Where are Pontchartrain’s tarpon holes?

Dear Capt. Paul:

Do you have the location of the tarpon hole in Lake Pontchartrain known as Three Trees?
Capt. Paul’s response:

The Tarpon Hole, a.k.a. Clover Leaf, Three Trees, was located in Lake Pontchartrain near South Point. With the help of “Tarpon Tom,” one of our readers, I found a location where the holes are or, rather, were.

The latest NOAA chart No. 11369 — Lake Pontchartrain and Maurepas indicates that the water depth in the area was reported in 1979 to be about 25 feet with some holes 40 to 80 feet deep.

I researched the dredging that was done in Lake Pontchartrain over the years, and I found a location that was used to build the levee and fill the Little Woods Canal along the south shore of Lake Pontchartrain from South Point/Point aux Herbes to Little Woods. This dredging resulted in one of the four dredge holes located near the south shore of Lake Pontchartrain.

The University of New Orleans Coastal Research Laboratory (UNOCRL) and the USGS formed a joint partnership in 1998 to collect hydrographic data along the south shore of Lake Pontchartrain to document bathymetric changes since the early 1900s. The data they collected was processed and computer generated to create a bathymetric map of Lake Pontchartrain.

That data according to the U.S. Geological Survey (USGS) and UNO in their joint survey, which was conducted in 2002, indicated that the bathymetric data (water depth measurement) of the South Point hole is approximately 55.8 feet deep.

“The hole,” according to USGS, “was created when sand was pumped from the lake bottom to fill the Little Woods Canal, which ran parallel to the shoreline. Information from Orleans Levee District suggests the sand was used to fill the canal prior to building the hurricane-protection levee.

“Records also show that clay from a borrow area near Howze Beach on the north shore was transported to the same site to cap the sand layer. This work took place in the 1970s.

“Since their excavations, these underwater holes or pits have essentially become giant sediment traps, slowly accumulating sediment from the surrounding lake bottom.”

Only heaven can determine what happened to the bottom areas as a result of Katrina.

These dredge holes may not now be as pronounced or even noticeable with normal consumer depth-finding equipment, but I have located an approximate position for the hole(s).

I suggest you use these positions as a starting point and, while using your depth finder, search the area between the three listed positions. If they have not been entirely filled in by sediment, you should notice a difference in the lake bottom around the area. Again, look for a different type of bottom characteristics reading from your depth finder and, of course, a deep depth reading.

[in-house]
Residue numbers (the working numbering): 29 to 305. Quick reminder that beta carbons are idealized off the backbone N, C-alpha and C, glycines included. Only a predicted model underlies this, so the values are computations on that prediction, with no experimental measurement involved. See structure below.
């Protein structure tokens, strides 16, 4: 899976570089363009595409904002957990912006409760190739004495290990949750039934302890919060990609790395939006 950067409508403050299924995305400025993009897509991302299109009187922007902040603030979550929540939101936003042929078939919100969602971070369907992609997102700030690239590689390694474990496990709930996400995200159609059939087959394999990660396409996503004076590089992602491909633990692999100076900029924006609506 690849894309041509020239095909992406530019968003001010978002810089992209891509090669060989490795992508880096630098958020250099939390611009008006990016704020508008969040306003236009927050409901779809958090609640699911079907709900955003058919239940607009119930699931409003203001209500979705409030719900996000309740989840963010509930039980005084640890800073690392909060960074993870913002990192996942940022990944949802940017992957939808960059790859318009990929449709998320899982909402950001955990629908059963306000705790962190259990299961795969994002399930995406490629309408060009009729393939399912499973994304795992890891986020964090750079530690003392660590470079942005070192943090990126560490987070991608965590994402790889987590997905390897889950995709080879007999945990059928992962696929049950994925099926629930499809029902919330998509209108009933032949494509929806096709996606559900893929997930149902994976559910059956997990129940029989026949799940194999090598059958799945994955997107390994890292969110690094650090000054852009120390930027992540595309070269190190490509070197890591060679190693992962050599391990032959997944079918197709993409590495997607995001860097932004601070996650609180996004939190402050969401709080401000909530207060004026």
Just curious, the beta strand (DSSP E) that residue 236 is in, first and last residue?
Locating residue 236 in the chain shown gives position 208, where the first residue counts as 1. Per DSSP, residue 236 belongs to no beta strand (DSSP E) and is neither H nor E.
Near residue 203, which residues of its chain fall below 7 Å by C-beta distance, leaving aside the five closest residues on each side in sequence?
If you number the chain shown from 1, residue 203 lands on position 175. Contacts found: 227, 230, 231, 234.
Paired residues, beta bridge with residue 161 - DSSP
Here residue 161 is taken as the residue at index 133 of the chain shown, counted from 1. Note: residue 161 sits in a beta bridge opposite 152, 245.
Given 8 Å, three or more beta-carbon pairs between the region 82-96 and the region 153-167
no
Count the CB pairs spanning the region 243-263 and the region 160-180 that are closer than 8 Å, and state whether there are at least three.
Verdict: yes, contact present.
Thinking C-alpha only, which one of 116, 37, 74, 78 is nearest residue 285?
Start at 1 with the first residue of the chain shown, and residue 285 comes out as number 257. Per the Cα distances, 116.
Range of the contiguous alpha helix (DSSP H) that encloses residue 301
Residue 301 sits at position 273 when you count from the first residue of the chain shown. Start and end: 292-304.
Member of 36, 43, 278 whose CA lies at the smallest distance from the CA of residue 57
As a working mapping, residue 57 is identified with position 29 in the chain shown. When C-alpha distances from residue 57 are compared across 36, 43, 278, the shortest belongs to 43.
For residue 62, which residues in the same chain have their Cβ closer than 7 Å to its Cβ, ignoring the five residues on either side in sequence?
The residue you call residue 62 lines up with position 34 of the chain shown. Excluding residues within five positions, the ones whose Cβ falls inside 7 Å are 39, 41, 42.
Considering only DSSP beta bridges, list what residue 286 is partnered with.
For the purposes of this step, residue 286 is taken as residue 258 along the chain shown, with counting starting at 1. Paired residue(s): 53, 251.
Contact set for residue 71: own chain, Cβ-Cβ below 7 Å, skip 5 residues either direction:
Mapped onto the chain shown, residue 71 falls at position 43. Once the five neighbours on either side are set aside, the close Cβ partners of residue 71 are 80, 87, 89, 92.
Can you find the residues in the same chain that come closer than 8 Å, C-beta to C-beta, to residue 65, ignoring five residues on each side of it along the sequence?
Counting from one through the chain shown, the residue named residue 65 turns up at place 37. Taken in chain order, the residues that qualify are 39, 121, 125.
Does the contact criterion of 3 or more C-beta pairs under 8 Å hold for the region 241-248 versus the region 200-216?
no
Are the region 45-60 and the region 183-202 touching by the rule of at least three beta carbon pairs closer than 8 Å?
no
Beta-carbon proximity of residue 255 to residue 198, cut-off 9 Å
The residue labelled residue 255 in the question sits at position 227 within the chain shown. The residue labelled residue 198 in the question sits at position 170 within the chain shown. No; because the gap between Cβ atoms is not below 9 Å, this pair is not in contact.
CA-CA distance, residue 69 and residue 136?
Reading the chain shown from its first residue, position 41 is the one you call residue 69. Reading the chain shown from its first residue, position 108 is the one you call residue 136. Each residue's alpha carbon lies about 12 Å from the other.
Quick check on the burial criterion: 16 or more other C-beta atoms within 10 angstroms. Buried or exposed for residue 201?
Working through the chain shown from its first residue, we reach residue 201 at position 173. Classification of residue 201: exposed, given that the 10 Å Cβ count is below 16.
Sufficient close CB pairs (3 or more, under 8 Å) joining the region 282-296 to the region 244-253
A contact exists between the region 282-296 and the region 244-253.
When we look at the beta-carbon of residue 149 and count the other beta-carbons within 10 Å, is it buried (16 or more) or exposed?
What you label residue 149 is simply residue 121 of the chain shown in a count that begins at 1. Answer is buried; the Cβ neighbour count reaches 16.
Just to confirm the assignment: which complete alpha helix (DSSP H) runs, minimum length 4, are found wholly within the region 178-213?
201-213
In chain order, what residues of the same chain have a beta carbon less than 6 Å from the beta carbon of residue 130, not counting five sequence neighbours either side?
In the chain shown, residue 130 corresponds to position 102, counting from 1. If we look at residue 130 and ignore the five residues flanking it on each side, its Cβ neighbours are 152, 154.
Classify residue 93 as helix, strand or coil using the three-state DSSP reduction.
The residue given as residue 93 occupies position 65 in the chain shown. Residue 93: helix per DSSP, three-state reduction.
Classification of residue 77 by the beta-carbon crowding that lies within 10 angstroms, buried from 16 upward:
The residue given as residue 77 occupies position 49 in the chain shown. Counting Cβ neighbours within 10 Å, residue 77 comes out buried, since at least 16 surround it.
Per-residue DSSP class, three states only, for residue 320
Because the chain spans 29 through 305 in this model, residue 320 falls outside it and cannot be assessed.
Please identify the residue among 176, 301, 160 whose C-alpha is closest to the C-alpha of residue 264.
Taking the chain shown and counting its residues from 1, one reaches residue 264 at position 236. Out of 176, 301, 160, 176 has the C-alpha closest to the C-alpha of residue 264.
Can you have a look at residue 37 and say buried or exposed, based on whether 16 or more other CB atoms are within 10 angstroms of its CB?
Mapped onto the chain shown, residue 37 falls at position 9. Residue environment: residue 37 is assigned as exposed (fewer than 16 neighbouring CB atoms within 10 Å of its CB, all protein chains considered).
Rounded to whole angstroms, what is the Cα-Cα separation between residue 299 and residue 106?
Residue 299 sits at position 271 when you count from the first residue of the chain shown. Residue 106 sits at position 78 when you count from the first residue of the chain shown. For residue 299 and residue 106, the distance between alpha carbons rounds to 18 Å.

The large dredge hole that resembles a three-leaf clover was located about 1.5 miles from South Point at a bearing of 241 degrees and about .75 miles from the shoreline at the railroad tracks.

These dredge holes are west-southwest of South Point/Point aux Herbes.

The northern-most part of the hole is/was located at or about N30 08.522 x W89 54.306.

The hole extends from this point toward the southwest for about .6 of a mile and to the southeast for about .5 of a mile.

The southeastern-most part of the dredge hole is/was located at or about N30 08.136 x W89 54.035. It is about .5 miles from the northern-most location of the hole.

The southwestern-most part of the hole is/was located at or about N30 08040 x W89 54.429. It is about .6 miles from the northern point and .4 of a mile from the southeastern point. This part of the cloverleaf pattern is shown to be the deepest part of the three-part hole.

My thanks again to “Tarpon Tom” for bringing the location to the attention of our readers.

Unless otherwise specified, all positions are stated as H,DDD,MM.mmm and were determined using WGS 84 datum; all headings, bearings and courses are in magnetic degrees and statute miles.

Dear Capt. Paul:

I have a Lowrance 26C HD with built-in cartography and the Navionics Gold Card for the entire Gulf Coast. Therefore, I have no need for the Maptech software, but I would like to be able to download your Fishing Edge files. What are my options?Thanks,

Capt. Paul’s response:

Don’t confuse the Maptech product line with the Lowrance MapCreate software.

The Lowrance MapCreate software is designed to work as an internal map in your GPS unit.

The Maptech mapping software is actually raster and vector scanned charts, topo maps, contour charts and aerial photos.

In other words it is like looking at an official chart or topo map with the added feature of having aerial photos and contour charts available for your use. This software is not designed to be loaded into your Lowrance unit but can be linked to it when loaded into a desktop or laptop computer.

In order to use the Capt. Paul’s Edge program, you would need a way to connect a Secure digital (SD) or MMC memory card to your computer, and a way to copy the file on your SD card. Once there, you can access the card through the GPS unit and save the waypoints in the waypoint memory bank of the unit. A Lowrance LEI or any other card reader/writer should be able to do the job for you.

The Capt. Paul Fishing Edge files are in a Lowrance format (.usr) that can be assimilated by your LMS 26C. You would copy the Edge file to your MMC or SD card, and place it in the memory card drawer of the unit, then access the data via the menu button on the GPS unit.

By the way, doing the procedure in reverse is also a way to back up the waypoint, routes and track data from your GPS unit.

About Captain Paul Titus 192 Articles
Capt. Paul Titus has been responding to G.P.S questions on LouisianaSportsman.com since 2000. He has been fishing and hunting in Louisiana since 1957. Titus holds a USCG license and conducts instruction courses in the use of GPS for private individuals and government agencies.